Nokia’s not the only one finding itself in hot water over encrypted mobile connections lately, and now a number of iOS apps are under fire for their lackadaisical security policies.
SSL is all about the chain of trust, and there’s a small group of entities that act as trusted Certificate Authorities, certifying that the sites you connect to over SSL are run by whom they say they are. If you try to connect to a site that has SSL credentials not issued by one of these trusted CAs, Safari alerts you to that effect, as right it should, as that could be a sign of an attempt to hijack your connection.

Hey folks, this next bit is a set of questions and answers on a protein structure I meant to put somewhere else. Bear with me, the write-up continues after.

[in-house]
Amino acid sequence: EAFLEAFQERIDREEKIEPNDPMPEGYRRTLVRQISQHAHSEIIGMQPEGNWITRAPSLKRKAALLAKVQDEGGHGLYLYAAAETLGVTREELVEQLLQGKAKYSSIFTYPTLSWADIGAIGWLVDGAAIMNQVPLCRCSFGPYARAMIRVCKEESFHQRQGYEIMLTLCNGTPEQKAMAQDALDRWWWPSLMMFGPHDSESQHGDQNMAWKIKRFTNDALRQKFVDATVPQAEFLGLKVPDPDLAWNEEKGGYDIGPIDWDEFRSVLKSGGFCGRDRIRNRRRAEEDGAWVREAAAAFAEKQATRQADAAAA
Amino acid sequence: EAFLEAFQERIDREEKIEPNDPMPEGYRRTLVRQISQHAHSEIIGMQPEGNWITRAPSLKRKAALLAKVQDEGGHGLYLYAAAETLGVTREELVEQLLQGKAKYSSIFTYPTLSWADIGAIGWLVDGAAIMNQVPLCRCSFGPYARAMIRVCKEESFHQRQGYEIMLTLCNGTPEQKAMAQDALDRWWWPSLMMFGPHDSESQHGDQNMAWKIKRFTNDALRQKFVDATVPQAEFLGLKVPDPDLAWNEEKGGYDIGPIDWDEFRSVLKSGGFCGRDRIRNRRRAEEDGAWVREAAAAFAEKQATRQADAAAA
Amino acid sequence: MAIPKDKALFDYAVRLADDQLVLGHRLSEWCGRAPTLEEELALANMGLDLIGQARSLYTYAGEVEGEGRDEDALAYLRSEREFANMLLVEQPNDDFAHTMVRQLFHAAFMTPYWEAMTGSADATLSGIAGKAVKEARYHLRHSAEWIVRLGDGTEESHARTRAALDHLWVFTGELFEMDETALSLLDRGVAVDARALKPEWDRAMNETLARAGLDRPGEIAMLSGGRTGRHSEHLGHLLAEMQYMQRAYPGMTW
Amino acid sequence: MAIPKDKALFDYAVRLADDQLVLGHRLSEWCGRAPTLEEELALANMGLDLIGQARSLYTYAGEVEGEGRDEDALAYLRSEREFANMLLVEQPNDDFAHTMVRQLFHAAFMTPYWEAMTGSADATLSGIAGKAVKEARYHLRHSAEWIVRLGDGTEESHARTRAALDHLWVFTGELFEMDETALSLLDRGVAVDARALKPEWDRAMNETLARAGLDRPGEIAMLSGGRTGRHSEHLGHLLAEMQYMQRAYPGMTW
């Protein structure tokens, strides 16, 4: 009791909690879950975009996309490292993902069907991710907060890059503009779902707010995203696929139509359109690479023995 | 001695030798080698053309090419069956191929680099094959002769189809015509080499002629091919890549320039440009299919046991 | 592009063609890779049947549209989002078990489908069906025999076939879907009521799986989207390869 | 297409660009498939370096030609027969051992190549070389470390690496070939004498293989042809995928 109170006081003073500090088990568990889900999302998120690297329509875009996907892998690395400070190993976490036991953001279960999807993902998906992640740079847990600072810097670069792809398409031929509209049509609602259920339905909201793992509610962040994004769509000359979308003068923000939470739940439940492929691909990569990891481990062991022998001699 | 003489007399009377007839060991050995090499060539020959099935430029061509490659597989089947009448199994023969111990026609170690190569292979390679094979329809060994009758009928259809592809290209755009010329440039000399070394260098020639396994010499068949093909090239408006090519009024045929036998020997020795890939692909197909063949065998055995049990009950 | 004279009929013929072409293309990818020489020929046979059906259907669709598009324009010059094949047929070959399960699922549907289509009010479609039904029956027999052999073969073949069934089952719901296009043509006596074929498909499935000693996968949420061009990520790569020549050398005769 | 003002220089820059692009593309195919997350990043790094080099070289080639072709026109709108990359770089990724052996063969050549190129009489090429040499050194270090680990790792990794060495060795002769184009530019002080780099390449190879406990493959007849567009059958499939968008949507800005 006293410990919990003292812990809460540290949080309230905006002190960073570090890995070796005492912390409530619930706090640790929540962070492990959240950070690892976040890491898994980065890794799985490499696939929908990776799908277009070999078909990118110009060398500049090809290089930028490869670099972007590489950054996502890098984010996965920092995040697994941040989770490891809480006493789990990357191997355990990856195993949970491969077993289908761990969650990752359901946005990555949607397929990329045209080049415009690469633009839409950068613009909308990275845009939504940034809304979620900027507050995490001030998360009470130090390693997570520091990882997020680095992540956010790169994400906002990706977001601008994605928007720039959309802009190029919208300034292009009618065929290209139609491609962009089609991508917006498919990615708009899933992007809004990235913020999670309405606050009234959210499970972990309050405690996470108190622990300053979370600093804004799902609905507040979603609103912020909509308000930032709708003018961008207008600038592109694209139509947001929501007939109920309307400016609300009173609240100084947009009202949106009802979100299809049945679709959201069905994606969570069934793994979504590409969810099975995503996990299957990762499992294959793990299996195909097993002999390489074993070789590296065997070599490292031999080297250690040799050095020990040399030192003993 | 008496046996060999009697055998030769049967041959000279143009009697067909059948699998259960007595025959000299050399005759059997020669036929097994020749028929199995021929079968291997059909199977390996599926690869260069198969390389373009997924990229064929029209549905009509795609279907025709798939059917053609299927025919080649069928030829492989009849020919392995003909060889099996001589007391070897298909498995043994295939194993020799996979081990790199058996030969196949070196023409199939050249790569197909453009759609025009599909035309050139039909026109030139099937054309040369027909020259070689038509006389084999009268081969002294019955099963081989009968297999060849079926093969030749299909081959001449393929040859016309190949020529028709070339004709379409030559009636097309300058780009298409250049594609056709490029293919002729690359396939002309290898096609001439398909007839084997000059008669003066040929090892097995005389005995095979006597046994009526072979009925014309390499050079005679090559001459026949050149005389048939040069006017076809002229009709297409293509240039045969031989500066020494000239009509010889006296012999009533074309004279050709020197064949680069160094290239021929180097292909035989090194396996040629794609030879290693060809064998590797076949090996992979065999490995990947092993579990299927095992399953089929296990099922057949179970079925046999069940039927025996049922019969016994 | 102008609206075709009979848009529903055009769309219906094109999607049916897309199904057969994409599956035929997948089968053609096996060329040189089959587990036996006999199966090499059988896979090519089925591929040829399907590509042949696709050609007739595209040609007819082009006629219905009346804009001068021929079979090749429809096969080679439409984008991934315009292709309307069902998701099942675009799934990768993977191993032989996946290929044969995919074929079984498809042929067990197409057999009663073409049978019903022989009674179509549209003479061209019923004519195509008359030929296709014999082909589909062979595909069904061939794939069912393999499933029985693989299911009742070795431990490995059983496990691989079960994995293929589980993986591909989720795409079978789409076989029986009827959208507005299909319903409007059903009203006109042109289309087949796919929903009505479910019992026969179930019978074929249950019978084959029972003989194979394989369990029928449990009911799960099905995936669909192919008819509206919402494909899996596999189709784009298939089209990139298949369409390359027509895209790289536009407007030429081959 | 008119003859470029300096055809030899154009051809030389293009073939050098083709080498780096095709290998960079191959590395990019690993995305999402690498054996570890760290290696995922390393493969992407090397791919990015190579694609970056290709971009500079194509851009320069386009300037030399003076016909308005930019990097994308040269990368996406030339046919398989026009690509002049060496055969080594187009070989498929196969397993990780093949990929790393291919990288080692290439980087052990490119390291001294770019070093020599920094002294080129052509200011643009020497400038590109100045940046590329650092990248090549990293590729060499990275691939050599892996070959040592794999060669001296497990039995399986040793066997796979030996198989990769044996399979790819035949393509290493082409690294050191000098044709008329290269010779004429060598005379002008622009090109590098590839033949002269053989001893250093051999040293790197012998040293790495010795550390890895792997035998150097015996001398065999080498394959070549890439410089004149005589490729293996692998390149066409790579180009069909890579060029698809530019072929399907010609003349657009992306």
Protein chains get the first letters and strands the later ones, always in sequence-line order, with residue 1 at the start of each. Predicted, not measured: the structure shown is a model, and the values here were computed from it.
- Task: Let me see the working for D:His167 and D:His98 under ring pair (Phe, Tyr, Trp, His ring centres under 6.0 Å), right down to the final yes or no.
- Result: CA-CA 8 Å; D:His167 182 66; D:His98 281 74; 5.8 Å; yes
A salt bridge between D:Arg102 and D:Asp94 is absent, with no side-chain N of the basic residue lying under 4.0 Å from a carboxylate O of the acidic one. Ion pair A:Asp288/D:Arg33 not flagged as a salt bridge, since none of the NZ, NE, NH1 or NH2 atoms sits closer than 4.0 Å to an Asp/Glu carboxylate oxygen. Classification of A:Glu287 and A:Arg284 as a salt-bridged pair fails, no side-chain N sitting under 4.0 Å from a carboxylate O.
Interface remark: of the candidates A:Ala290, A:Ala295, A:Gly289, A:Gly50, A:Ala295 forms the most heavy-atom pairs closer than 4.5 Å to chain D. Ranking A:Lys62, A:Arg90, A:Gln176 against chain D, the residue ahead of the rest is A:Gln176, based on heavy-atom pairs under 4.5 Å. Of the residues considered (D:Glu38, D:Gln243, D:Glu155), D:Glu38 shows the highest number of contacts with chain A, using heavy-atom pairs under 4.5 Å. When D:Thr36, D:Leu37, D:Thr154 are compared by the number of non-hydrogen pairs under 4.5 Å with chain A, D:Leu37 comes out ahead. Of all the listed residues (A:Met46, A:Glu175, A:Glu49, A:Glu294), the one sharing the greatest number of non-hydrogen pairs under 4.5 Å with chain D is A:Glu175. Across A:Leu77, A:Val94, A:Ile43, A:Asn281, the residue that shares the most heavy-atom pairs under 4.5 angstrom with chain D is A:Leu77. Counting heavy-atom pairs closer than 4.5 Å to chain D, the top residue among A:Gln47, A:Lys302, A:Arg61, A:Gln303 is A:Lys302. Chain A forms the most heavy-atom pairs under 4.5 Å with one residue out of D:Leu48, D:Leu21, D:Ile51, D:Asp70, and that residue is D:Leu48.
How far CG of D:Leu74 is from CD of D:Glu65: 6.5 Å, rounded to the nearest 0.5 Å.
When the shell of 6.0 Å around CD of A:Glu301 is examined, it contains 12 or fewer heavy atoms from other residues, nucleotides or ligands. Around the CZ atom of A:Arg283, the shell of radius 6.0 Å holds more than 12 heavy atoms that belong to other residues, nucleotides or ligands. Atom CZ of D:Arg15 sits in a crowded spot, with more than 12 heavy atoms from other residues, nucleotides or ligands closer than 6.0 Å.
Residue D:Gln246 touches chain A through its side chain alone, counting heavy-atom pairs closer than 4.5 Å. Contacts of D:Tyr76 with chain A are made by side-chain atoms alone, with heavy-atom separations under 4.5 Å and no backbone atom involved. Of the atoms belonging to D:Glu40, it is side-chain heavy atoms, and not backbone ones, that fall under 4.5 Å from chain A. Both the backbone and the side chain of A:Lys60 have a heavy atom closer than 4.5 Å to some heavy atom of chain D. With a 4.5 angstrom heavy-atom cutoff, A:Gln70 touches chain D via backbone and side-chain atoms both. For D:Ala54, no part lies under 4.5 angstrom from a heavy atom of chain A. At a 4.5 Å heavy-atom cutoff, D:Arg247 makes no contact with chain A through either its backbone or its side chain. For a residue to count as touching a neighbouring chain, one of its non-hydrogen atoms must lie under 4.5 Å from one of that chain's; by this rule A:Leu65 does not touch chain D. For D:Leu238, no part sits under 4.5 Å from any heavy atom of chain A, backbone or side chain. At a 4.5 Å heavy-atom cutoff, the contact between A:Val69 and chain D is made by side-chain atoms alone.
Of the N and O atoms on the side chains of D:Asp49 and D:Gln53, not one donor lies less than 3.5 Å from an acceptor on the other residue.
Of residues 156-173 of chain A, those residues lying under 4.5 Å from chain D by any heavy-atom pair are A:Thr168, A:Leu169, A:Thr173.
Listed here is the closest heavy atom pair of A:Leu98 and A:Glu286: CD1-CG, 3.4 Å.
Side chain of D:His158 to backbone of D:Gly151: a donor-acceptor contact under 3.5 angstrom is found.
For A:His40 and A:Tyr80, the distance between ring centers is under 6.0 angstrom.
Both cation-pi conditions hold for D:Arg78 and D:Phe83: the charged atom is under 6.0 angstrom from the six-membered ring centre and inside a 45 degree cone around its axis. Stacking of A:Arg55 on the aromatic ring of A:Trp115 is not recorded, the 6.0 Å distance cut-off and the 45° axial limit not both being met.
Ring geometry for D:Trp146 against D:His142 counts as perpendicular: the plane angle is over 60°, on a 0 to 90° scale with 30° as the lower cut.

While iOS has a list of trusted CAs built-in, it’s been discovered that some apps simply ignore this list, and will accept certificates from any CA (including malicious ones) without alerting the user. With a little effort, an attacker could take advantage of users connecting to an open WiFi access point to spoof the identity of the server these apps connect to, stealing your data in the process.
So far, Credit Karma, Fandango, Cinemagram, Flickr, eFax, WebEx, TD Ameritrade, E*TRADE, Monster, H&R Block, ooVoo, Match.com, PAYware (by Verifone), EVERPay Mobile POS, and Learn Vest have all been identified as being vulnerable to such an attack. Some are already working on fixes, but others remain susceptible.